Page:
Florence Lawrence (Florence Annie Bridgwood)
Photos with Florence Lawrence
BiographyHamilton, Ontario, Canada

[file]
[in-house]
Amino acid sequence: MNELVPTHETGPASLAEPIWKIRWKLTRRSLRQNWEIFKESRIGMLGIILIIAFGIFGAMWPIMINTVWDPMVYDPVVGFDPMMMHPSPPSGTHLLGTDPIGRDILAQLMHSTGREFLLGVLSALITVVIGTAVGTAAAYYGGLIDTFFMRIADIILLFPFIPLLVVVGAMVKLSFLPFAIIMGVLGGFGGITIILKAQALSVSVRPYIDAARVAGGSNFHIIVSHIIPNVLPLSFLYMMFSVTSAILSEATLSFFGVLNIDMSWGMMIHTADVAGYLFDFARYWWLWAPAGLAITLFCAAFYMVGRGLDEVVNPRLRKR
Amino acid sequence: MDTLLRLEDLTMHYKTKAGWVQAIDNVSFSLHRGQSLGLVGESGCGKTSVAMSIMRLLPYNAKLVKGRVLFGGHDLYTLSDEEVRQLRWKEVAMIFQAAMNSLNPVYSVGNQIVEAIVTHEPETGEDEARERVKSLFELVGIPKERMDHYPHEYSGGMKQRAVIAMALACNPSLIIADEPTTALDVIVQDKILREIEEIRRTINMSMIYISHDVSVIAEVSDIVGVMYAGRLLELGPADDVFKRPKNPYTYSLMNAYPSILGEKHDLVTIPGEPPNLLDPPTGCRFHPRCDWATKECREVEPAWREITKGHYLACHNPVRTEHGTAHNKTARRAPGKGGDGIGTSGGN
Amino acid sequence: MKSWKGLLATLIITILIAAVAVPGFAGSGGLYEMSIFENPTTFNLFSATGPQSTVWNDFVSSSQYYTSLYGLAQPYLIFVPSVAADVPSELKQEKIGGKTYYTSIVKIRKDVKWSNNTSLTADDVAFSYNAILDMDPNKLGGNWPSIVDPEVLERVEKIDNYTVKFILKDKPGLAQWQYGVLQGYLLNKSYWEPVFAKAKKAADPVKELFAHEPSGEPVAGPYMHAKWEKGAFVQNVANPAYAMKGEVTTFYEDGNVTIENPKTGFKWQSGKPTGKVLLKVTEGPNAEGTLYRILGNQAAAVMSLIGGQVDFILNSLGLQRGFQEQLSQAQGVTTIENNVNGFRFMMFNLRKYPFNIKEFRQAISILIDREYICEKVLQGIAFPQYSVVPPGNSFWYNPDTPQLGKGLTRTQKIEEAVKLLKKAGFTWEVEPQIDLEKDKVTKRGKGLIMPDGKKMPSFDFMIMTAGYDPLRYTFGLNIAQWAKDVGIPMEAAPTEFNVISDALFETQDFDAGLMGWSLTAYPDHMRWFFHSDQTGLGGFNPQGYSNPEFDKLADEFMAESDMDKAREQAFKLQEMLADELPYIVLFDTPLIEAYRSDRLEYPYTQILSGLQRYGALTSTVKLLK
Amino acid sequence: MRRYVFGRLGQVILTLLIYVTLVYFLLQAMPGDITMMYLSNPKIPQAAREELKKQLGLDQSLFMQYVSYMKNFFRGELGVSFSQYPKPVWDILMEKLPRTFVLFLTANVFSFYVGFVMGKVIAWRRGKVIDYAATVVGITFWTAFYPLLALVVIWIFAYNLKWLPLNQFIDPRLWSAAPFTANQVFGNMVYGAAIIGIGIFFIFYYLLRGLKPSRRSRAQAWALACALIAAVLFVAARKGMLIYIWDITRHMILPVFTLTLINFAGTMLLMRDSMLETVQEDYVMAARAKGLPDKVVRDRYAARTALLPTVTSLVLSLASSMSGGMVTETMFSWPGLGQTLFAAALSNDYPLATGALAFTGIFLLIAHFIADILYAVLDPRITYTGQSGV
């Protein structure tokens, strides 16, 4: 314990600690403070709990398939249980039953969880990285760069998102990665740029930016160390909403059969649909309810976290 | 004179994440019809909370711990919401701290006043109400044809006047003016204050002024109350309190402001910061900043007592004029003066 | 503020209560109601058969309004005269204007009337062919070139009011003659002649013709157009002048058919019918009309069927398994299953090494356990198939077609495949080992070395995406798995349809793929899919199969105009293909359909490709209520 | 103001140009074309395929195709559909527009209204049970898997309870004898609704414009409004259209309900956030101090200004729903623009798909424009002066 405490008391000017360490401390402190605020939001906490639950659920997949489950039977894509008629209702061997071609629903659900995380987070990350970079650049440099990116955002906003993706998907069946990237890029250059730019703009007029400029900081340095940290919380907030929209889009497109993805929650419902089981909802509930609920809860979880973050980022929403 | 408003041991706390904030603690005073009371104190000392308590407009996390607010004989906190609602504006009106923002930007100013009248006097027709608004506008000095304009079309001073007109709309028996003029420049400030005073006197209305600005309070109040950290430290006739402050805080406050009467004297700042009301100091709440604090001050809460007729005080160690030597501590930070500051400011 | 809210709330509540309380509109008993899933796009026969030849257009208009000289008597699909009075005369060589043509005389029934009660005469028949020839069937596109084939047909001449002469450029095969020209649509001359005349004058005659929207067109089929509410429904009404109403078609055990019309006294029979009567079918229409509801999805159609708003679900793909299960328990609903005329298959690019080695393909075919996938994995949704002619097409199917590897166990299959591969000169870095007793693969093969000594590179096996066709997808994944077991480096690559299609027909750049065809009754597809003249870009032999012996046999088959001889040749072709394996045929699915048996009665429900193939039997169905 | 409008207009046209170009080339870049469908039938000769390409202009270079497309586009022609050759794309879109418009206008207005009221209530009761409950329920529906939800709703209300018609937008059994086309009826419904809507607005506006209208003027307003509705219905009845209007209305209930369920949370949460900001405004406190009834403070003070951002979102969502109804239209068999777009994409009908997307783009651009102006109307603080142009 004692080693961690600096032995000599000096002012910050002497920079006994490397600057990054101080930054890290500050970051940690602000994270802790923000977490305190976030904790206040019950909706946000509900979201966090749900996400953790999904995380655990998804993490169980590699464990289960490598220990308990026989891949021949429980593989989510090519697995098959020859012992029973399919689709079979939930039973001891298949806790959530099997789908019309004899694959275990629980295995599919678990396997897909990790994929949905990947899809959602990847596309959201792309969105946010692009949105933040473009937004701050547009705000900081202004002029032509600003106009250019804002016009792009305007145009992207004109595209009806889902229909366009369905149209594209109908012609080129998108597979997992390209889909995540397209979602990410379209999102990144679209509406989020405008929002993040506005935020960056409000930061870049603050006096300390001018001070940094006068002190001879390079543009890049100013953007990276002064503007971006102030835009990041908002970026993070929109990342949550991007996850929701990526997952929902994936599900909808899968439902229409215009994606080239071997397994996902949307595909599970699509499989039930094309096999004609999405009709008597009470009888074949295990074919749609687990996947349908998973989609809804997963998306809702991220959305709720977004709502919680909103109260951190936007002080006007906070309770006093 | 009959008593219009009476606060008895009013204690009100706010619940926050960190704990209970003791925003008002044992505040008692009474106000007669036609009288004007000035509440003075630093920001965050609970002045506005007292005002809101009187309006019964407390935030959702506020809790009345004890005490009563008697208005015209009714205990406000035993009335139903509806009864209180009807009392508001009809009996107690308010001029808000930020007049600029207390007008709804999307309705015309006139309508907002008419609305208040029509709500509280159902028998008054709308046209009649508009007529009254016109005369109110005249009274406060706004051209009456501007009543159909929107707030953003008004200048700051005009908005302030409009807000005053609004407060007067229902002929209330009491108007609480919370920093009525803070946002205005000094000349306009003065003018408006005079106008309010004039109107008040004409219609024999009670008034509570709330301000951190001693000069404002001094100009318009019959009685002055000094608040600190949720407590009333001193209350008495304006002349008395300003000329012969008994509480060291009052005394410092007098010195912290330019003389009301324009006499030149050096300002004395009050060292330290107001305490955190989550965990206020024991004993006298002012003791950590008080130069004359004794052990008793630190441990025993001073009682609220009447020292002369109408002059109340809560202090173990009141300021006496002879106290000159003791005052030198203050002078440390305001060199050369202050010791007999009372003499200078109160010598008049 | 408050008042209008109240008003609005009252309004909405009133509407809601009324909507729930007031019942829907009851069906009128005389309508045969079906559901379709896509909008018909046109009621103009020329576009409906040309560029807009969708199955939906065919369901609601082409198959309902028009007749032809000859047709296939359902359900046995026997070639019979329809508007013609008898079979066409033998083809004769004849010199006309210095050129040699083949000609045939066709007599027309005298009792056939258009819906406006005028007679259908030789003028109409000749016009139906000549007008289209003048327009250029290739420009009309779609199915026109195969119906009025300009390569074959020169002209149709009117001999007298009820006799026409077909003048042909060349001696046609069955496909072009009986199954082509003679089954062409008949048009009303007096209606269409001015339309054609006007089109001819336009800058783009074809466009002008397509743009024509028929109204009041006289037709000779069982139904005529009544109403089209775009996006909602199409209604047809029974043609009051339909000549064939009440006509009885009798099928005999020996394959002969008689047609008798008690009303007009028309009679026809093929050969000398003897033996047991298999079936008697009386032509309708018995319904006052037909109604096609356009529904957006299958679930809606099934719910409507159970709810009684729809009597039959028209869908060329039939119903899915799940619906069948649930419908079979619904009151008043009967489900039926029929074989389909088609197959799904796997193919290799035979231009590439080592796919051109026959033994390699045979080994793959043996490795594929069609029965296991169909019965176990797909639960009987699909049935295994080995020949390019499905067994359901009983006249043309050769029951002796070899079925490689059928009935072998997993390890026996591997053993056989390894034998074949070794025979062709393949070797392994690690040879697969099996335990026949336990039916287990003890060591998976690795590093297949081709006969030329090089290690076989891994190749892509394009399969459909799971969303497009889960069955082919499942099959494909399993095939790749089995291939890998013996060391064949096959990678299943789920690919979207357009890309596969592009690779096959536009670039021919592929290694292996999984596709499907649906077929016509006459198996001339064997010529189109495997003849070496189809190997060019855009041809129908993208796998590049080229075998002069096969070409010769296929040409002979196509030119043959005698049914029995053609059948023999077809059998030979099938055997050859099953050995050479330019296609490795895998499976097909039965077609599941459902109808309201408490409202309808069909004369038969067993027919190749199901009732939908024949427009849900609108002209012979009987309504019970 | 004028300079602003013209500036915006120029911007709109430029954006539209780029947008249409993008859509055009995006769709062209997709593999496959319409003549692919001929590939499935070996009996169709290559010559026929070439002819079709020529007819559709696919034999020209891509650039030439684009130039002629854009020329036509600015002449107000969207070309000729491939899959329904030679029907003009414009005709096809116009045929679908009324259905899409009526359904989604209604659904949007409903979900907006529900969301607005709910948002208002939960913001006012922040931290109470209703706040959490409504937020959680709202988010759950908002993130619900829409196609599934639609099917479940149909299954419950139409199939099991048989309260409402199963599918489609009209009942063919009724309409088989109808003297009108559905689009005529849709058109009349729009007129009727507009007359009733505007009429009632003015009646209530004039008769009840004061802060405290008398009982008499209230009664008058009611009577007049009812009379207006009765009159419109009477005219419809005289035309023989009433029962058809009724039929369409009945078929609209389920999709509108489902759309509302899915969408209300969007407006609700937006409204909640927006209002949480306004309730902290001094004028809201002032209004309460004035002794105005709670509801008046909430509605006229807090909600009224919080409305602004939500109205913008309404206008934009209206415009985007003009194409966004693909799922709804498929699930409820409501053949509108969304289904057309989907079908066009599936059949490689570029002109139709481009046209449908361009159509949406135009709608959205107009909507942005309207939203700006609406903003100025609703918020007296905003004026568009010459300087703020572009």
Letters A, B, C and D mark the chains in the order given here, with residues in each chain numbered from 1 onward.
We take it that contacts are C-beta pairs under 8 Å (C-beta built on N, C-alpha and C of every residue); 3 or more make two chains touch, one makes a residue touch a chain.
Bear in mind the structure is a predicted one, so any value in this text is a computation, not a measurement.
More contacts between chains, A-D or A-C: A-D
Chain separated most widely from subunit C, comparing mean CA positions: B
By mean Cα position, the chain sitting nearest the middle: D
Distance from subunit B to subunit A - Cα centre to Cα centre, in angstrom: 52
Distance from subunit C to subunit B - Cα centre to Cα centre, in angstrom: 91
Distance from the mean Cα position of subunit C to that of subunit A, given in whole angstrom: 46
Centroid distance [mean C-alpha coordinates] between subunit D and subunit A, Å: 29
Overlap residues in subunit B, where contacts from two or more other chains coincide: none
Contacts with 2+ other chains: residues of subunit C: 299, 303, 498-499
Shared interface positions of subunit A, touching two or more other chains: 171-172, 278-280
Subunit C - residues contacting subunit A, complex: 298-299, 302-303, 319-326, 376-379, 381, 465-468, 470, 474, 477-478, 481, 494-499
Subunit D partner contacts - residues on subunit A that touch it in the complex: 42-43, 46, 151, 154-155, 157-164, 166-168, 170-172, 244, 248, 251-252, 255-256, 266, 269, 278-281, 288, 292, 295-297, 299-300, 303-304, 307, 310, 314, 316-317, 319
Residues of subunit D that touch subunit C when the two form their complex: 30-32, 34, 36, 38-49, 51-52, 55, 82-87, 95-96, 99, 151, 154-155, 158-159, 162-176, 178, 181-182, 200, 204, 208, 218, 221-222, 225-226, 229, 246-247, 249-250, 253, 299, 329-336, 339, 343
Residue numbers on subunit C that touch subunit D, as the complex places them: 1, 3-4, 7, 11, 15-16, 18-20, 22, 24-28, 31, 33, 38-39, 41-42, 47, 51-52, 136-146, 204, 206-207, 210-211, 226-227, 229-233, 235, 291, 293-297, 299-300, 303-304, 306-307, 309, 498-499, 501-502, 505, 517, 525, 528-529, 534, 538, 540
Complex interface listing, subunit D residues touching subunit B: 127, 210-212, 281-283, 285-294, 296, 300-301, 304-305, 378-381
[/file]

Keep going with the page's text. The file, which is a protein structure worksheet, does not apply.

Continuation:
Florence Lawrence was the first film player whose name was used to promote her films and the studio (Independent Moving Pictures Company [IMP]) for which she worked. Before her, actors and actresses worked anonymously, partly out of fear that stage managers would refuse to hire them if they were found to be working in films and partly because movie executives didn't want to put much money into the production of these short, practically disposable films, and didn't want their players to become well known and start demanding higher salaries. Read more... whistling and playing the violin. At 20 she was cast in the Edison production of Daniel Boone (1907), and that led to work at Vitagraph Studios. From there she was hired by Biograph, where she refined and perfected her craft under the direction of D.W. Griffith. In 1909 she left Biograph to seek more recognizable employment at another film company. As a result she was blacklisted by the Motion Picture Trust, headed by Thomas A. Edison, to which most motion-picture producers belonged and which held the patents on most film production equipment and would not allow any companies that did not belong to the Trust to use them. Carl Laemmle started IMP in late 1909, and refused to join the Motion Picture Trust. The Trust took action--both legal and otherwise--to discourage Laemmle from producing films on his own. Lawrence and her husband, director Harry Solter, signed on as IMP's first featured players. In 1910 Laemmle, partly out of anger over the Trust's actions--such as hiring thugs to attack his film crews and wreck his equipment--decided to advertise the fact that he had Miss Lawrence. She made the first personal appearance of a film star in St. Louis, MO, that March, and the resulting publicity made her famous (and also increased the grosses on her--and Laemmle's--films). Other film companies soon followed suit, and the names of film actors and actresses began to appear in all segments of the media. Lawrence worked for IMP for a year, then spent another year at Lubin before she began her own production company, Victor, where she worked on and off until 1914. After a stage accident in which she injured her back, she retired from films, only to be lured back in 1916 for her first feature, Elusive Isabel (1916). It was unsuccessful. She tried a comeback again in 1921; that, too, was unsuccessful. She settled into bit parts and character roles through the 1920s and 1930s. She committed suicide in 1938 after years of unhappiness and illness. She was found in her apartment on Dec. 27, 1938 and died soon afterward in hospital.